April 14th, 9:00 a.m.–3:30 p.m. Bell’s Bend Park, 4187 Old Hickory Boulevard (FREE)

Co-sponsored by the Friends of Bells Bend Park, this grassroots event features food, a Kids Zone and over 40 vendors. Held in and around the Bells Bend Outdoor Center, outdoors enthusiasts can get an up-close look at the latest equipment and get insider tips, whether they’re testing the latest bicycles from Trace or sampling a bit of Tennessee Artisan Honey. A great way to spend a lovely spring day—call 615.862.4187 for more information.

Cherry Blossom Festival Richland Park Farmers Market Saturdays in April, 10:00 a.m.–12:00 p.m. Saturdays in May, 9:00 a.m.–12:30 p.m. Richland Park, 4711 Charlotte Avenue (FREE)

The Richland Park Farmers Market features produce from surrounding Nashville farms, locally made home products and freshly baked goods. For a full list of vendors, visit www.richlandparkfarmersmarket.com. Well-behaved dogs on 6-foot leashes (or shorter) are welcome.

Telescope Nights April 13, May 11, June 8, July 13, August 10, September 14, October 12, November 9 (times vary due to sunset times) Dyer Observatory, 1000 Oman Drive, Brentwood ($6.24 per person)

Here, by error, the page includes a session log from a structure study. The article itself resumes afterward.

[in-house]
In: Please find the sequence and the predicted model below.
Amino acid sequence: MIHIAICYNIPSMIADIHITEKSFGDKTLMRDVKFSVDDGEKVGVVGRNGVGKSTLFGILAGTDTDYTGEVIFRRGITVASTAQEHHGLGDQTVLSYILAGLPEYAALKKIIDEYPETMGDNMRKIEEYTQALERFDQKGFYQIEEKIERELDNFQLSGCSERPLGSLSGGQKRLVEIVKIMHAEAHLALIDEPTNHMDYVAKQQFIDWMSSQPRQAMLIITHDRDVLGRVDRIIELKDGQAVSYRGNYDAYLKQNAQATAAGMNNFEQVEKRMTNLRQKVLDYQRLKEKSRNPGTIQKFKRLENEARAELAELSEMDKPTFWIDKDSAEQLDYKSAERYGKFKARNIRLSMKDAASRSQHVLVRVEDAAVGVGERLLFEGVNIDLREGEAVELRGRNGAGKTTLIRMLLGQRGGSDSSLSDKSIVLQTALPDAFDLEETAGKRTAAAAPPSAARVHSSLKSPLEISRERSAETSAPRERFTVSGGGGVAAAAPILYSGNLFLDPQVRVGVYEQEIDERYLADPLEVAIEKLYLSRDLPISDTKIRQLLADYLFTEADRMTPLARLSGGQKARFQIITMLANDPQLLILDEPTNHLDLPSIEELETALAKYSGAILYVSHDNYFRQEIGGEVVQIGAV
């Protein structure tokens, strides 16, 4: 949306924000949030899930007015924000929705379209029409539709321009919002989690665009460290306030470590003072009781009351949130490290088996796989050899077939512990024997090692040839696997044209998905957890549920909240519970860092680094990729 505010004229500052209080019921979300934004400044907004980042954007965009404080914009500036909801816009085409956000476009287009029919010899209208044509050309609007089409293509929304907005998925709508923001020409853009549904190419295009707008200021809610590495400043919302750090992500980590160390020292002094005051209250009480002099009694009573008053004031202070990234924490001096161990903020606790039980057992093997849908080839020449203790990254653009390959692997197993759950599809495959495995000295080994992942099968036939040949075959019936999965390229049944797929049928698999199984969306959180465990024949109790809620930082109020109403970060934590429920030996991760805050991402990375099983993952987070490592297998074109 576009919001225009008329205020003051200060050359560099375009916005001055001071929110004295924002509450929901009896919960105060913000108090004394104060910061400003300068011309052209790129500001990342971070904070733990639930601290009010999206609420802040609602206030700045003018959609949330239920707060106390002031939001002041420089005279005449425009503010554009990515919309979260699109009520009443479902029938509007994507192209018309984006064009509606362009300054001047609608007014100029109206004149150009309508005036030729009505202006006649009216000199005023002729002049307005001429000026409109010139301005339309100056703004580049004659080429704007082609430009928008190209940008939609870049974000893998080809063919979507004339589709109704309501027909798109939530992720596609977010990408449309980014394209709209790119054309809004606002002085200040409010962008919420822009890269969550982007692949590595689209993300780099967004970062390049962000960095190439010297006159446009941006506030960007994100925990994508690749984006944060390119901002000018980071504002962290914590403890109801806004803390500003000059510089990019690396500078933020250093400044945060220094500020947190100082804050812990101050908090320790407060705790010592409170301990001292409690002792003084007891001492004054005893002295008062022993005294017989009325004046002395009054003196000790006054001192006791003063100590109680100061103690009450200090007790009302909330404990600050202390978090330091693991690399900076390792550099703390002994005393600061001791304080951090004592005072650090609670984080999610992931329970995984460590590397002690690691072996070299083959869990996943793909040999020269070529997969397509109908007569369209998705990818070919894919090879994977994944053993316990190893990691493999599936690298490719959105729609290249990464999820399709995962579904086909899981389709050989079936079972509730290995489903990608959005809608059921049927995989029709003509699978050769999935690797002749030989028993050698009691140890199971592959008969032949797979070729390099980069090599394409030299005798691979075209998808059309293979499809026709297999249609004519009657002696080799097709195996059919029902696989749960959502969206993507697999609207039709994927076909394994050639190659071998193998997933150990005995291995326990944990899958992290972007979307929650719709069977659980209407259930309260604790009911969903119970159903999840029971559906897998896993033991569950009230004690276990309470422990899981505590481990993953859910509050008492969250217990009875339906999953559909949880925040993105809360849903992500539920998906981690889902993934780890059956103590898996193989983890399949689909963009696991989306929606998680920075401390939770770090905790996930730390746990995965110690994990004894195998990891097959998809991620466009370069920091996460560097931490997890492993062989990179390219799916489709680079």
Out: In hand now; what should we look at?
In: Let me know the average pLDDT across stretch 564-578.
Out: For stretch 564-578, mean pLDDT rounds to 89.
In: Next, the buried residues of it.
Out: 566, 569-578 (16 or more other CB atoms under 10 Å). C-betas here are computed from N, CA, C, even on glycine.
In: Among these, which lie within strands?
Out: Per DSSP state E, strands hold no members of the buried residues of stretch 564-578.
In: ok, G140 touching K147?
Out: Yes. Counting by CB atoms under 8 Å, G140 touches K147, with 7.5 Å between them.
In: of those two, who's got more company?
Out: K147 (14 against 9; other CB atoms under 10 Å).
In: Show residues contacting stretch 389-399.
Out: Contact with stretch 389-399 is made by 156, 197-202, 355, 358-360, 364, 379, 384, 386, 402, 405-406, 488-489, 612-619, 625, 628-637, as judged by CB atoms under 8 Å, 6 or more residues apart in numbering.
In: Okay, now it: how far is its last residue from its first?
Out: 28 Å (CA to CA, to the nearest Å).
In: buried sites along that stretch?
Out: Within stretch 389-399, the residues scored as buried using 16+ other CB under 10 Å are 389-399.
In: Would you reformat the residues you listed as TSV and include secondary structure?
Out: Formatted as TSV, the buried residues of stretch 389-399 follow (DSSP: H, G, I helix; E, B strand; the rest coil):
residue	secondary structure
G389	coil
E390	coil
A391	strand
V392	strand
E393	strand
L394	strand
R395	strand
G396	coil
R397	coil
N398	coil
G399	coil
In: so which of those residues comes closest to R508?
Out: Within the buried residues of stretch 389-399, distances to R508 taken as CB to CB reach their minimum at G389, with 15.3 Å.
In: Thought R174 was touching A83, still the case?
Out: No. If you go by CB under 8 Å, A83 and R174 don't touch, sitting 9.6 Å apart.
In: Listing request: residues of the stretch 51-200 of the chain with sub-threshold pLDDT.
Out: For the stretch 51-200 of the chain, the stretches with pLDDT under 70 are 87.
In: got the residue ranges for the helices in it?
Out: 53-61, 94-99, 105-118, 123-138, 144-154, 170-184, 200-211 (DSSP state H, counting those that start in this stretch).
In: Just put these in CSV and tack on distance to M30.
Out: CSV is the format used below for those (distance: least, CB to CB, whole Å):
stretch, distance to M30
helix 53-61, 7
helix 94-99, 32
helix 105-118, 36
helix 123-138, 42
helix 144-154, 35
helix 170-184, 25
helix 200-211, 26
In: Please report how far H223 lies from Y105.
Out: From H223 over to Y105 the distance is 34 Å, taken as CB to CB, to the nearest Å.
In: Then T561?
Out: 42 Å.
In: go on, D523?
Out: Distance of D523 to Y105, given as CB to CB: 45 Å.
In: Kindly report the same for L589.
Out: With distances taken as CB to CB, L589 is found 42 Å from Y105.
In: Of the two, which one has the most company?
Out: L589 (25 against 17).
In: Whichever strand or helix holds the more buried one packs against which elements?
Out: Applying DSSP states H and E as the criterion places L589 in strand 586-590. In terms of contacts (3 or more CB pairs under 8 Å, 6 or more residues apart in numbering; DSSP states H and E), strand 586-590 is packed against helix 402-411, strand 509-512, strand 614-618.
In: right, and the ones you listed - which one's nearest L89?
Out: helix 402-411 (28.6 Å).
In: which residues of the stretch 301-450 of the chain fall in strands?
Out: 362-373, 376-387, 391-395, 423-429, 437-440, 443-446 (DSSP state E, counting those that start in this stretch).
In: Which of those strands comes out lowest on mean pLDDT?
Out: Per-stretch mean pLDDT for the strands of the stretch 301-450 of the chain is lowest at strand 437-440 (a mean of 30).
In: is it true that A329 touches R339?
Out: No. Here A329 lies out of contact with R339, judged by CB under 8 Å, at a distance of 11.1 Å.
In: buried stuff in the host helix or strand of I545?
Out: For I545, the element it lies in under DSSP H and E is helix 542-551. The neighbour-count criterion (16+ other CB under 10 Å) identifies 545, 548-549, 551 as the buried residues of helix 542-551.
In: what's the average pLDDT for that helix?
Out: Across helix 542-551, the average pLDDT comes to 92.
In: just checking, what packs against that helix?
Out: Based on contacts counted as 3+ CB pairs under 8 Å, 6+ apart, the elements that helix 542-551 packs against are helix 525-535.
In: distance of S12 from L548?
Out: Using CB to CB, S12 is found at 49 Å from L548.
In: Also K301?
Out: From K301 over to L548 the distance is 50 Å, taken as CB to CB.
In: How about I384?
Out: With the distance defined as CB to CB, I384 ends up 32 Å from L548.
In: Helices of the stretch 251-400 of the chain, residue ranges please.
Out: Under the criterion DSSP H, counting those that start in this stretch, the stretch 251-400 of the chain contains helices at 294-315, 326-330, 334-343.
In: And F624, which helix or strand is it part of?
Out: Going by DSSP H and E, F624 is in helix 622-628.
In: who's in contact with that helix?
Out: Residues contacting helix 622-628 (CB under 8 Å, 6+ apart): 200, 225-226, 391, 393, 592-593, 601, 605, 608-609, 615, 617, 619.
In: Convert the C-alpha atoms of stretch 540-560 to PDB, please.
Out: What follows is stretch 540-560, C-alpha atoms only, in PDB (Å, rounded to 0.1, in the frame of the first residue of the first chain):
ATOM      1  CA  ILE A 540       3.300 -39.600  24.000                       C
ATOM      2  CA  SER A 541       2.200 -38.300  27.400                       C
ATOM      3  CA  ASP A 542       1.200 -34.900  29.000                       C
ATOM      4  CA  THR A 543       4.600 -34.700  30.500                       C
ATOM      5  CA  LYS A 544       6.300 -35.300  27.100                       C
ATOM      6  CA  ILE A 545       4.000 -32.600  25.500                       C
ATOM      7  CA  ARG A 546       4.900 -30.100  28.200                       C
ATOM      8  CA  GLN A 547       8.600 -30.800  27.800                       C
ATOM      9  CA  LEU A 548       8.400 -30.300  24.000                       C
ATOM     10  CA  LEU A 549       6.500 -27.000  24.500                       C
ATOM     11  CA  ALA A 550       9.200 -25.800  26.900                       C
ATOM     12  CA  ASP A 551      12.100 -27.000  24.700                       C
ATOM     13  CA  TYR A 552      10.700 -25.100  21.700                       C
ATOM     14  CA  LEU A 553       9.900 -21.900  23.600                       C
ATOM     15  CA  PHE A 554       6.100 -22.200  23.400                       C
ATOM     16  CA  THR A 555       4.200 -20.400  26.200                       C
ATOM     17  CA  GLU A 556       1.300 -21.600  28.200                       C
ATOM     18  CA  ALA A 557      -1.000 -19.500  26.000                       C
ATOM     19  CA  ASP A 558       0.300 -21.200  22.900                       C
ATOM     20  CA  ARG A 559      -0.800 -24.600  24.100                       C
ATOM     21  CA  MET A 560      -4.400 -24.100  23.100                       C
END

The Dyer Observatory telescopes are set up for gazing, and the observatory is open for viewing exhibits and speaking with astronomers. The format is “open house,” so you may arrive and depart any time during the event. Visit dyer.vanderbilt.edu to purchase tickets up to 30 days before each event.

April 14th, 10:00 a.m.–5:00 p.m. Public Square Park (FREE)

Celebrate Japanese and American culture at the Cherry Blossom Festival. A schedule of music, dance, martial arts and lectures creates a full day of cultural and educational entertainment. There’s a Cosplay Contest, with local enthusiasts elaborately dressing as their favorite characters from Japanese anime, manga or video games.

Sylvan Park Puppy Play Day April 15th, 11:00 a.m.–3:00 p.m. Richland Park (FREE)

Sponsored by Wags & Whiskers and Daddy's Dogs, bring your favorite two- and four-leggers for an afternoon of fun! Games, hotdogs, puppy treats, human treats, special stuff for kids, and more.

Rites of Spring April 20th–21st Vanderbilt University Alumni Lawn ($40 Advance)

Since 1971, this two-day music event has featured some top-notch headliners like Jason and the Scorchers, Red Hot Chili Peppers, NEEDTOBREATHE, and Chance the Rapper. Food, nonalcoholic beverages and beer will be available for purchase at the event. Backpacks, coolers, large bags or items, photography/video equipment and pets are not allowed. For a full list of performers and other information, please visit vanderbilt.edu/ros.

April–May 2018 | 372WN.com

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Richland Creek Run